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Offbeat Why do we eat cranberry sauce on thanksgiving?

06:15  21 november  2019
06:15  21 november  2019 Source:   mentalfloss.com

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Your Thanksgiving cranberry sauce —be it homemade or Ocean Spray’s canned classic—is all part of America’s history. Although we don’t know for sure whether it was eaten at the very first Thanksgiving , the jiggly, gelatinous side dish does have deep roots in the history of America’s fruited

Thursday, 21 November 2019 Why do we eat cranberry sauce on Thanksgiving ? | Careful Man #Careful_Man.

a bowl of fruit sitting on top of a wooden table© MSPhotographic/iStock via Getty Images

While plenty of people eat turkey, mashed potatoes, and pie year-round, it seems like cranberry sauce almost exclusively exists in the Thanksgiving universe. Although we don’t know for sure whether it was eaten at the very first Thanksgiving, the jiggly, gelatinous side dish does have deep roots in the history of America’s fruited plains.

According to Insider, cranberries are one of only three commercially grown fruits native to the United States, and the Wampanoag tribe had been using them for food, dye, and medicine long before feasting with the Pilgrims in 1621. If there were cranberries at the party, they probably didn’t taste much like the sweetened sauce we’re (circumstantially) fond of today; at that point, the settlers hadn’t yet succeeded in growing sugar cane in the New World.

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Why do we eat turkey on Thanksgiving ? It's not necessarily because the pilgrims did it. While the cranberries the Pilgrims needed were probably easy to come by, making cranberry sauce requires sugar. Sugar was a rare luxury at the time of the first Thanksgiving , so while revelers may have

Typical dishes include bread stuffing, potatoes, cranberry sauce , pumpkin pie, and, above all, turkey. How did turkey become the centerpiece of this feast? It is often assumed that today’s Thanksgiving menu originated in an event commonly referred to as the “first Thanksgiving .”

But a little more than 50 years later, according to a 1672 account cited by The Washington Post, the new Americans and Native Americans had both started to enjoy cranberries much like we do at Thanksgiving dinner: “Indians and English use it much, boyling them with Sugar for a Sauce to eat with their Meat.”

In 1796, Amelia Simmons—author of American Cookery, the first-ever American cookbook—took it one step further by recommending that roast turkey be served with cranberry sauce. Considering that the Library of Congress included the book on its list of “Books That Shaped America,” it’s possible that Simmons’s suggestion reverberated through kitchens across the nation, and the tradition gained momentum from there. She does mention pickled mangoes as an alternate side dish for turkey, but the then-Indian import was likely less common than the locally-grown cranberry.

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Why do you eat cranberry sauce on Thanksgiving ? Cranberry sauce was used to preserve some dried meats, and was sweet but healthy to eat , so We eat : Turkey Cranberry sauce Stuffing Mashed Potatoes and Gravy Green Beans Candy yams Tuna casserole Rolls Deviled eggs For dessert pie i.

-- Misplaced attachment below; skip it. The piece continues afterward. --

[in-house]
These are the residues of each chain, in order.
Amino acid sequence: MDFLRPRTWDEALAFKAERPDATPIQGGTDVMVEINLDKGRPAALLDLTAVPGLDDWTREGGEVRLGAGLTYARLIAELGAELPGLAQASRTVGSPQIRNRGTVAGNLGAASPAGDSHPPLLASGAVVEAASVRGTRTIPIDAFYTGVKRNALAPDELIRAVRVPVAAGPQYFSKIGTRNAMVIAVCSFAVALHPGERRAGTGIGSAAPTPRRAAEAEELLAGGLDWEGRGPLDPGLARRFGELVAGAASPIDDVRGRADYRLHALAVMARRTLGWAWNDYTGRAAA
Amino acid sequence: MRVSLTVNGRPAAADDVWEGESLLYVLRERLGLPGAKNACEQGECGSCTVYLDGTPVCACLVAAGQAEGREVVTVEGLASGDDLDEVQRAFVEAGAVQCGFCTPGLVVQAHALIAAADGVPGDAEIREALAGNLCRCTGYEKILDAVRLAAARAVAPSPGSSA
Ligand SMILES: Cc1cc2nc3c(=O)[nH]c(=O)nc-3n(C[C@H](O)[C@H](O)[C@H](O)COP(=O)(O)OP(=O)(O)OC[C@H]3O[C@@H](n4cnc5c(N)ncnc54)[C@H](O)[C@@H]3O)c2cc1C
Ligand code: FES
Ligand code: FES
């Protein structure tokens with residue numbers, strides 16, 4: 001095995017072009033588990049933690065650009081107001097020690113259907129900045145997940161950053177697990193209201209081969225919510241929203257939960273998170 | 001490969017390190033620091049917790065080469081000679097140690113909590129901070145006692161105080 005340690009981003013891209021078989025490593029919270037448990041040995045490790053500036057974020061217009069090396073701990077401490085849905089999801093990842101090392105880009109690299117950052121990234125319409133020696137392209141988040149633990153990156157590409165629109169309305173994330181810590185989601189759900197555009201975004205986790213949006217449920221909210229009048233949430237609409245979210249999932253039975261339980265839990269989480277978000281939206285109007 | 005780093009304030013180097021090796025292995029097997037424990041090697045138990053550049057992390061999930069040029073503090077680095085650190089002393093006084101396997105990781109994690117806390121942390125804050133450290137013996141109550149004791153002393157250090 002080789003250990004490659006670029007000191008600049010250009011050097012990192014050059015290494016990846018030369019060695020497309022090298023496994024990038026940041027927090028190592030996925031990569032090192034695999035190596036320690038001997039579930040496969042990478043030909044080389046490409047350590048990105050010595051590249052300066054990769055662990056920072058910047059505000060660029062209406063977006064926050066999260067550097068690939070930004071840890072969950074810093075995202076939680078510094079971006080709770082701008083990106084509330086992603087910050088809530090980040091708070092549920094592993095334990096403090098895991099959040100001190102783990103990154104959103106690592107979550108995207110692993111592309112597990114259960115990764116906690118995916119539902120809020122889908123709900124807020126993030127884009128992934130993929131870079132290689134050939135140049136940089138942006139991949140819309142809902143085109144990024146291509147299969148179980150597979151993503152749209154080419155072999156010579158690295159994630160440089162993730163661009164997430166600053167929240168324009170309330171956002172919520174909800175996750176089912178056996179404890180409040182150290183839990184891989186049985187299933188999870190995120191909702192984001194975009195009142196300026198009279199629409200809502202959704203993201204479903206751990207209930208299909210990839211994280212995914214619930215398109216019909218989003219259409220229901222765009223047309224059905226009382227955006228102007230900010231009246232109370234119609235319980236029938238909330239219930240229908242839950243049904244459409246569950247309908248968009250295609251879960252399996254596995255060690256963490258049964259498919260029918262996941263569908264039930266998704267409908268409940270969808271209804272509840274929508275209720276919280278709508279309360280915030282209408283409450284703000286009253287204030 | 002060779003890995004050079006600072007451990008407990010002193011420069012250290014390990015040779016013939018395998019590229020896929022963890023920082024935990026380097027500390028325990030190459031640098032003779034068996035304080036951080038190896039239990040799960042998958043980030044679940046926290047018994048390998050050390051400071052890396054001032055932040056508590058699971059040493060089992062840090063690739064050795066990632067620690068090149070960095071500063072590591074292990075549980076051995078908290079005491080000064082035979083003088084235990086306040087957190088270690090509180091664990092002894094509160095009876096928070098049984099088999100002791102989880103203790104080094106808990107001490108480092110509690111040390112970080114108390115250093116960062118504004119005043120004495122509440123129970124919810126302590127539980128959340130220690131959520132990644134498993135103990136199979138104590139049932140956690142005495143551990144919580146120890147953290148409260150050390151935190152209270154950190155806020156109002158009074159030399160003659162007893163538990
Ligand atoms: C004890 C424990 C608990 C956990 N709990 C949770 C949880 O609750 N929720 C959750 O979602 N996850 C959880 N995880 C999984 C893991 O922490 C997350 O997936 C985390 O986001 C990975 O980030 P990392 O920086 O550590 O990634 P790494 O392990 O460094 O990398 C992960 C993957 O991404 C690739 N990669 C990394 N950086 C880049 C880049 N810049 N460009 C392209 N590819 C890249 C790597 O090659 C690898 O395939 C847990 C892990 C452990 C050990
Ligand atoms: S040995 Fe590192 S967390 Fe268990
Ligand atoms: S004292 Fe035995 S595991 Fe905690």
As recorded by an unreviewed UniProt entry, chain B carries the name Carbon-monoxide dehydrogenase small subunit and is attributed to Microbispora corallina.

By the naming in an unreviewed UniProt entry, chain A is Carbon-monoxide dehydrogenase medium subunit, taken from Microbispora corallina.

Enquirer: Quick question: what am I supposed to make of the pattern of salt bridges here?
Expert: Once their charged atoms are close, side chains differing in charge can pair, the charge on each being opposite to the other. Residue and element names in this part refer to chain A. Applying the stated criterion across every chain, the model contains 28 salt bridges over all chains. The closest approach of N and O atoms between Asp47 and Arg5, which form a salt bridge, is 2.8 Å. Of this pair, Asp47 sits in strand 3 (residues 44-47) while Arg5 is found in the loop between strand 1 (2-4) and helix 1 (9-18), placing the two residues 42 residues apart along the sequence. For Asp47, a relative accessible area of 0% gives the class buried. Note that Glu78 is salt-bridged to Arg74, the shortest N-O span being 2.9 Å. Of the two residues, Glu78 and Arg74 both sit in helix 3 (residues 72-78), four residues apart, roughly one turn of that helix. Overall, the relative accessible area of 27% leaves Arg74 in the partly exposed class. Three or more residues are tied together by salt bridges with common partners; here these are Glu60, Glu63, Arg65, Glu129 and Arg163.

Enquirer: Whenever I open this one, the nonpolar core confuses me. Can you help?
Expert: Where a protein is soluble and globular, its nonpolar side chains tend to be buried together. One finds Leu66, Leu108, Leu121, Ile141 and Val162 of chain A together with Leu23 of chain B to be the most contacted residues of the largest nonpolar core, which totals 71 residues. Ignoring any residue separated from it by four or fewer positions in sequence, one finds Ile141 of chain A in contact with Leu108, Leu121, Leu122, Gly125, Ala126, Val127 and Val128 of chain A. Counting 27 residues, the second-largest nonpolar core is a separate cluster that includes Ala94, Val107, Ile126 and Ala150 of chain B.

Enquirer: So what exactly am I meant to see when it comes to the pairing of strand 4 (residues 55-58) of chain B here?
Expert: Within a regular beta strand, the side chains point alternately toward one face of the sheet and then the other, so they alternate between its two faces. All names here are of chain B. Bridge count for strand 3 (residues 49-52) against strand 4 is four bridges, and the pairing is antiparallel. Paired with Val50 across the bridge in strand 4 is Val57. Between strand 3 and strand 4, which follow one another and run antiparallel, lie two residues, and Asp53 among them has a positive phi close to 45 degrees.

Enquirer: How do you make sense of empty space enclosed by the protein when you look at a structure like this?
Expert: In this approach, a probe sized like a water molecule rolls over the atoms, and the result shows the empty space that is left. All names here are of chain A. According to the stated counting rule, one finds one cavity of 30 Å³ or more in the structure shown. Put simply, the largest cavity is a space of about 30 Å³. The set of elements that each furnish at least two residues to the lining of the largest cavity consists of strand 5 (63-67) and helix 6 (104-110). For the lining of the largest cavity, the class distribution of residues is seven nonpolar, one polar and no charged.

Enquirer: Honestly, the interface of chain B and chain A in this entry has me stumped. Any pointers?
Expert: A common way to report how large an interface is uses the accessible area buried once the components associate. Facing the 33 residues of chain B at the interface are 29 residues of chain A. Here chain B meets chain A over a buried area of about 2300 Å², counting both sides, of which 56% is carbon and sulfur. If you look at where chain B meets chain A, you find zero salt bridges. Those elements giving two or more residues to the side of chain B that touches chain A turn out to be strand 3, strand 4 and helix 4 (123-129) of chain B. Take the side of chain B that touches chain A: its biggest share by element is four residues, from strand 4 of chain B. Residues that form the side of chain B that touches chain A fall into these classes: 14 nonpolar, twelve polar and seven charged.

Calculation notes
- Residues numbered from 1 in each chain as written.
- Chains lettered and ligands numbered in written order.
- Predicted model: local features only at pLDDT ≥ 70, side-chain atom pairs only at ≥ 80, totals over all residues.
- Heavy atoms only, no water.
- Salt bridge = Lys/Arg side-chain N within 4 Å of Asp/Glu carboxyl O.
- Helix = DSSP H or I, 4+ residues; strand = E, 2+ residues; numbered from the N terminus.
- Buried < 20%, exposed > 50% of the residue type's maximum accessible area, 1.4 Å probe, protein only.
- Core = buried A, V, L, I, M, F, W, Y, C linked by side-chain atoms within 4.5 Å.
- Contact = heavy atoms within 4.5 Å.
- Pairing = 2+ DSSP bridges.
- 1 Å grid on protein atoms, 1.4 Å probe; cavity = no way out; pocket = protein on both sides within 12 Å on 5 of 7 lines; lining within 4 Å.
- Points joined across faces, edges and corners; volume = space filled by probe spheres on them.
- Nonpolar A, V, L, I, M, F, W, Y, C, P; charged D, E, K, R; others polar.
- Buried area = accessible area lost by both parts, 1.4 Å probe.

Why do you eat cranberry sauce on Thanksgiving ? Cranberry sauce was used to preserve some dried meats, and was sweet but healthy to eat , so We eat : Turkey Cranberry sauce Stuffing Mashed Potatoes and Gravy Green Beans Candy yams Tuna casserole Rolls Deviled eggs For dessert pie i

Then, in the early 1800s, Ocean Spray revolutionized the labor-intensive process of hand-picking cranberries from vines with what’s called a wet harvest. Basically, farmers flood the bogs where cranberries grow, and then they wade into the water to collect the floating berries en masse.

a person standing next to a body of water: farmer wet-harvesting cranberries© Provided by Sportority, Inc. (Mental Floss) farmer wet-harvesting cranberries

This was a more efficient technique, but a mass harvest meant that more cranberries got damaged. So in 1912, Ocean Spray began crushing them into canned, jellied cranberry sauce—maximizing the yield and making it easier than ever for every home in America to slice up a cylinder of solid, sugary, berry goodness.

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Black Friday online sales are currently on track to reach $US7.4 billion, while Thanksgiving Day sales already beat records by surpassing $US4 billion for the first time, according to Adobe Analytics. An increasing percentage of these sales are coming from online shopping, with a significant uptick in purchases made on mobile devices. Adobe Analytics found that nearly half of Black Friday sales thus far have come from a smartphone, at a rate 24.4% higher than during the 2018 shopping season. Sign up for Business Insider's retail newsletter, The Drive-Thru.Visit Business Insider's homepage for more stories.

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